Contractor & Subcontractor Payment Act Does Not Apply To Public Projects In Pennsylvania

Linkedin Facebook Twitter Plusone Email

In a recent decision, the Supreme Court of Pennsylvania has held that the Pa. Contractor and Subcontractor Payment Act (“CASPA”) does not apply to a construction project where the owner is a governmental entity.  CASPA is a Pennsylvania statute governing payments to contractors and subcontractors on construction projects located in Pennsylvania.  CASPA typically applies to private development projects, whereas the Pa. Procurement Code’s Prompt Pay Schedules apply to state or local public works projects.

The case of Clipper Pipe & Service, Inc. v. The Ohio Casualty Insurance Company concerned a project for the U.S. Department of the Navy.  In 2010, the Navy contracted with Contracting Systems, Inc., for construction of a Navy/Marine Corps Reserve Training Center in Lehigh Valley. Contracting Systems subcontracted with Clipper Pipe & Service, Inc., for performance of mechanical work. Later, Clipper filed suit against Contracting Systems and its surety in federal court, asserting that Contracting Systems had failed to pay approximately $150,000 to Clipper. Among other claims, Clipper asserted a claim under CASPA.

Contracting Systems and its surety argued that CASPA did not apply to the federal project.  The trial court rejected this argument, reasoning that a governmental entity may be an “owner” under CASPA, since the statutory definition of “person” does not exclude the federal government, and the purpose of CASPA is to protect contracting parties.  After a trial, Clipper was awarded damages under CASPA.  An appeal was taken to the U.S. Court of Appeals for the Third Circuit.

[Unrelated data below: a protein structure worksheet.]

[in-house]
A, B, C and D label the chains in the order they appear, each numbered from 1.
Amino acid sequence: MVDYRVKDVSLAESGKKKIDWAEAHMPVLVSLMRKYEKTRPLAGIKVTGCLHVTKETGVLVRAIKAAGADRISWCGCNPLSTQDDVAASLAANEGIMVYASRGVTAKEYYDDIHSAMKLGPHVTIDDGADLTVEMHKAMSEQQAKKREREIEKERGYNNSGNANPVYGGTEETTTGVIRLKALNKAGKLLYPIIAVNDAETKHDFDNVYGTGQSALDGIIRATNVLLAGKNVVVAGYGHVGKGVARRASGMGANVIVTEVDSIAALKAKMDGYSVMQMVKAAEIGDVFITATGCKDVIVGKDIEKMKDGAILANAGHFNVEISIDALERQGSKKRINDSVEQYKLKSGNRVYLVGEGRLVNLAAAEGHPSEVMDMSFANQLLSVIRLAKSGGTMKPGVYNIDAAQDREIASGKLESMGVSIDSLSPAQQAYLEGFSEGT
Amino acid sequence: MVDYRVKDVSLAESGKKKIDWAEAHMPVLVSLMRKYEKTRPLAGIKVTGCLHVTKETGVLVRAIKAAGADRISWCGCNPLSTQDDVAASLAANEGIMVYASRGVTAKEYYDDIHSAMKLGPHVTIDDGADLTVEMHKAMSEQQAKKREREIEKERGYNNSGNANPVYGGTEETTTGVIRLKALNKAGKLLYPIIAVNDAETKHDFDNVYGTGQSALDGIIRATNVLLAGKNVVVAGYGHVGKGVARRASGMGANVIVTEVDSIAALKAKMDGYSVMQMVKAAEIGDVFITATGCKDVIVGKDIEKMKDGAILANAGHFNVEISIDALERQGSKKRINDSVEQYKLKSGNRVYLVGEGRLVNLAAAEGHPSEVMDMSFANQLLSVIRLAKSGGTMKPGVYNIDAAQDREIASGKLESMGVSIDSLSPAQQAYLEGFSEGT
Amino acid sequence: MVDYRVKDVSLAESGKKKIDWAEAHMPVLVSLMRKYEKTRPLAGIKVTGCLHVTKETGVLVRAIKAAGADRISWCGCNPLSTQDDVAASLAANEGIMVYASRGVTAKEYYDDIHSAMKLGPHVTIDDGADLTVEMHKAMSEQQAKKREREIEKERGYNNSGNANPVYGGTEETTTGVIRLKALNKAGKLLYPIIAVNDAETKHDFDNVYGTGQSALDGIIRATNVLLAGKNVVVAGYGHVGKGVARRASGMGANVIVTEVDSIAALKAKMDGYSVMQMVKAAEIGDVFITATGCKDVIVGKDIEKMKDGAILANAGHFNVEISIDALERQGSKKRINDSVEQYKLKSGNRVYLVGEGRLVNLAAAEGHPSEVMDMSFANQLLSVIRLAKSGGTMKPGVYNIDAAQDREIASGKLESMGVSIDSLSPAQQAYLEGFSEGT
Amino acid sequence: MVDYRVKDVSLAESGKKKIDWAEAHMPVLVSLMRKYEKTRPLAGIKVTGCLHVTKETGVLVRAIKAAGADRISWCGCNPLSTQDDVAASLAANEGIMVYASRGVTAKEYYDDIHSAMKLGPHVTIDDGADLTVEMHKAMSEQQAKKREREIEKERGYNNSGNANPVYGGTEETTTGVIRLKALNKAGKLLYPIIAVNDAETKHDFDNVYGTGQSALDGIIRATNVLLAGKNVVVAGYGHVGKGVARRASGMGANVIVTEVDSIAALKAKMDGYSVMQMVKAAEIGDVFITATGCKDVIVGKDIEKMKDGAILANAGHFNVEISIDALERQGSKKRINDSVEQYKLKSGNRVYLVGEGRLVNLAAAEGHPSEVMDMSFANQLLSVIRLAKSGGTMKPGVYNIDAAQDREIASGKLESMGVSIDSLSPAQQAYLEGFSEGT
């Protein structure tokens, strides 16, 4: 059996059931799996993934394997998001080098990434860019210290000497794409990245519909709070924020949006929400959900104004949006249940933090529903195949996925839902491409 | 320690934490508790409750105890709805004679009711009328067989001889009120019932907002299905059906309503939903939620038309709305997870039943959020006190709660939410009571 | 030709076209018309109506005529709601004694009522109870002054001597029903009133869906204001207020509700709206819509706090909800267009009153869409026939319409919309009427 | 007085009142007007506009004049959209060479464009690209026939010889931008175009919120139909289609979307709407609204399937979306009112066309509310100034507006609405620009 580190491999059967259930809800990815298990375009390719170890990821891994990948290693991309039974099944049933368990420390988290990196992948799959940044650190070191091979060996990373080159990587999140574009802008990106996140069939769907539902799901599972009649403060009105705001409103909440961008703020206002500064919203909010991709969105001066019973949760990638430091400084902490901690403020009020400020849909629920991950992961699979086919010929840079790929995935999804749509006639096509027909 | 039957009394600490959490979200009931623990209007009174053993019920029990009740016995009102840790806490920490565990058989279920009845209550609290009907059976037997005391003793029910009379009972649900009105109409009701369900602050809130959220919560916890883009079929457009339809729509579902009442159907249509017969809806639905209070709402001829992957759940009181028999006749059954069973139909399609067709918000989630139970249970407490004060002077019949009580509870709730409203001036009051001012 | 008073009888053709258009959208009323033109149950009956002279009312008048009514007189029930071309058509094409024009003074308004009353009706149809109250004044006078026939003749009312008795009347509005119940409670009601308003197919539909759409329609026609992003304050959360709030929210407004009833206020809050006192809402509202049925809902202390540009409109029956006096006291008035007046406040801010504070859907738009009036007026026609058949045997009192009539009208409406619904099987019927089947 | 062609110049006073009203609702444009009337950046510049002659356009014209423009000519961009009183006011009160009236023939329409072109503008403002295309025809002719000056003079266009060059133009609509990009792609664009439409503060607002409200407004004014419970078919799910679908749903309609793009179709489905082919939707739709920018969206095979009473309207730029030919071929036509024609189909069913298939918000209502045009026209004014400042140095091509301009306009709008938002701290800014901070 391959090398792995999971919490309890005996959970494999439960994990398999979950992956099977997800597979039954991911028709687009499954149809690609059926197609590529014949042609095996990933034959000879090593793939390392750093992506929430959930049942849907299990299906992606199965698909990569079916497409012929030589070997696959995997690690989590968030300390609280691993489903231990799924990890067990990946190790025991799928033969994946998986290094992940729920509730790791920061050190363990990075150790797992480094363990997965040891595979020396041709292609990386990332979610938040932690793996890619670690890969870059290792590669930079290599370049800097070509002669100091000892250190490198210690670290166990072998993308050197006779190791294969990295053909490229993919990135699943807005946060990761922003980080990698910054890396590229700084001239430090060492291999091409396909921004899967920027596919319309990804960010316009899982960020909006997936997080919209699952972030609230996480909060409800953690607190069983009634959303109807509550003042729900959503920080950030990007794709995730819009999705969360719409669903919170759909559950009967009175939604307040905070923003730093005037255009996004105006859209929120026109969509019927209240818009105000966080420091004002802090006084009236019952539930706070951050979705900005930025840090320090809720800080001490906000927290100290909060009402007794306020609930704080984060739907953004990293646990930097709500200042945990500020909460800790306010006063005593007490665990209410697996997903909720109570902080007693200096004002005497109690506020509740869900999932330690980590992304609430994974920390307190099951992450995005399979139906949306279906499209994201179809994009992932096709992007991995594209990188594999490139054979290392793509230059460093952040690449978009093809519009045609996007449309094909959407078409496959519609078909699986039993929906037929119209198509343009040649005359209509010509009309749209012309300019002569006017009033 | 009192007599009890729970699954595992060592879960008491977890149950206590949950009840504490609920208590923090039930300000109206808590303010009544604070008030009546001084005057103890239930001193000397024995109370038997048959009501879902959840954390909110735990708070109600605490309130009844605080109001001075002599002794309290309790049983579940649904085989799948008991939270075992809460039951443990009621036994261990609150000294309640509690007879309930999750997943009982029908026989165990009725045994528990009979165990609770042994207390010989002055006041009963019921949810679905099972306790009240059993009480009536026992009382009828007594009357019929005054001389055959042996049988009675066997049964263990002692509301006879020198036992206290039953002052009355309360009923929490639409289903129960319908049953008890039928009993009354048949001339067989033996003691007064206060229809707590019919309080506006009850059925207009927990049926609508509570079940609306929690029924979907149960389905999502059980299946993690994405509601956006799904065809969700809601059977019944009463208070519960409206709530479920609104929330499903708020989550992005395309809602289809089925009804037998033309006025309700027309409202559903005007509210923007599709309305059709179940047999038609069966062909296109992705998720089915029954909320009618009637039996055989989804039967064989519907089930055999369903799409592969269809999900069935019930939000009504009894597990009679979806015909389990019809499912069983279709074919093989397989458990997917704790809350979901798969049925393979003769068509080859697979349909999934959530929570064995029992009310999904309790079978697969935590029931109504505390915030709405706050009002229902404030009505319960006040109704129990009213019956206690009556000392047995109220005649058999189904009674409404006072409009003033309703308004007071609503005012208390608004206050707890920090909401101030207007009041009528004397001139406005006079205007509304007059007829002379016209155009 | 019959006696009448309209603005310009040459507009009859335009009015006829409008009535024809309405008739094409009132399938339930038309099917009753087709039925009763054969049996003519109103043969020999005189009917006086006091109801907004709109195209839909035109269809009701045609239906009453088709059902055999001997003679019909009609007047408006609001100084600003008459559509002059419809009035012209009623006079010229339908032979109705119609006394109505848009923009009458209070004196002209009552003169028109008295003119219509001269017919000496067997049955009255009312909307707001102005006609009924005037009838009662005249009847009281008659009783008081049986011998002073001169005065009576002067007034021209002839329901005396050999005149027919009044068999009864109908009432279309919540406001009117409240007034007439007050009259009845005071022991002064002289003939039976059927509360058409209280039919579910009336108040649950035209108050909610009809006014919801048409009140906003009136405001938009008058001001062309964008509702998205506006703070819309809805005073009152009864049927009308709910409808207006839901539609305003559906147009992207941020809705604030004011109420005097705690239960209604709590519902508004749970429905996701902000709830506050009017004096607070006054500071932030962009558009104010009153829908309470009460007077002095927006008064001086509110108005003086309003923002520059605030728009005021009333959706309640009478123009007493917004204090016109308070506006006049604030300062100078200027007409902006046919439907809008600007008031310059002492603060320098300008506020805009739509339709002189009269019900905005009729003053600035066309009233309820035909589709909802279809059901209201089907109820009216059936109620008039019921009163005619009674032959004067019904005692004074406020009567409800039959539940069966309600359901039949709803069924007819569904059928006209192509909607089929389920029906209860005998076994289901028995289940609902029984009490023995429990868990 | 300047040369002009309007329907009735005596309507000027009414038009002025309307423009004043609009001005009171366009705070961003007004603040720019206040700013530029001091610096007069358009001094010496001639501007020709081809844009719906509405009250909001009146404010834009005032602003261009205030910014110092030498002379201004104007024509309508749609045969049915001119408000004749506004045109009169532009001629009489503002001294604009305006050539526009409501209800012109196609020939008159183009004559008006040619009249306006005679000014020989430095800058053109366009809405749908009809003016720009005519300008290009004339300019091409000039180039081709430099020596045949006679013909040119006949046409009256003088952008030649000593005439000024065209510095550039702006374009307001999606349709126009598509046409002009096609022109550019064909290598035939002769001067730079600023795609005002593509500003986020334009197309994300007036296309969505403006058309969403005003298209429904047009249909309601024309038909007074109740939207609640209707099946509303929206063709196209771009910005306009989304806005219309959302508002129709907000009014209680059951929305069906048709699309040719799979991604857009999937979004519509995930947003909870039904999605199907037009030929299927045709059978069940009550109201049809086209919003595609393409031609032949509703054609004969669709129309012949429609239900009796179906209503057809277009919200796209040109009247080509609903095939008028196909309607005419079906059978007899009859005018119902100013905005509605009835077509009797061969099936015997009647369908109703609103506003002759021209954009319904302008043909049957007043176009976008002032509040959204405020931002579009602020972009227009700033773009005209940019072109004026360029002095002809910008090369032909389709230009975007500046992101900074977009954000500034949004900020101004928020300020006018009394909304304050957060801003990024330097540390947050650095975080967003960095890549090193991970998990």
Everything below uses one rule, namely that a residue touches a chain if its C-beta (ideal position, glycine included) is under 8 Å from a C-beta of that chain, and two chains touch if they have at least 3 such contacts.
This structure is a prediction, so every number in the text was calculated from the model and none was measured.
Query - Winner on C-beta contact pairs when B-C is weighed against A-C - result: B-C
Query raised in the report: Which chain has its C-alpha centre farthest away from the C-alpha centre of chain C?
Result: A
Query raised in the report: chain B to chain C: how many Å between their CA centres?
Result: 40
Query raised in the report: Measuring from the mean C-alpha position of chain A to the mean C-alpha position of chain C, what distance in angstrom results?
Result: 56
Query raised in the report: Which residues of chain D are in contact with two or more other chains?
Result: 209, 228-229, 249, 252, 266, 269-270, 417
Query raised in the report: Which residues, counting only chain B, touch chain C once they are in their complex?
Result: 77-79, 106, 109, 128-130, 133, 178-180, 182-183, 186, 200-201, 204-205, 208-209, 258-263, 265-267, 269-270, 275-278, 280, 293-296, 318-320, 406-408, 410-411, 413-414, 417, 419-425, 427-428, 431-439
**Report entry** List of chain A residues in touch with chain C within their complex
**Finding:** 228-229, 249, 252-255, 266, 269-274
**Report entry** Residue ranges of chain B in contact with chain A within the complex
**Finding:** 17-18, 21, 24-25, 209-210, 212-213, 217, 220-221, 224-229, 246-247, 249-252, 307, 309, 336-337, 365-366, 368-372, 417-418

The Pennsylvania Supreme Court accepted certification from the Third Circuit to determine whether CASPA applied in the context of a public works project. The Supreme Court held that the federal government was not a “person” and therefore not an “owner” under the CASPA definitions, and that CASPA did not apply to public works contracts.  In so holding, the Supreme Court noted: “Whether by intention or oversight, the Legislature simply did not design CASPA to apply independently to subcontracts in scenarios in which the foundational contract resides outside its boundaries.”  This is the case even if, as in the Clipper case, the government entity is not a direct party to the dispute.

The Supreme Court’s decision can be found here.

Linkedin Facebook Twitter Plusone Email
Posted on by Christopher I. McCabe, Esq. in Court Decisions, Public Works Payment Rules Leave a comment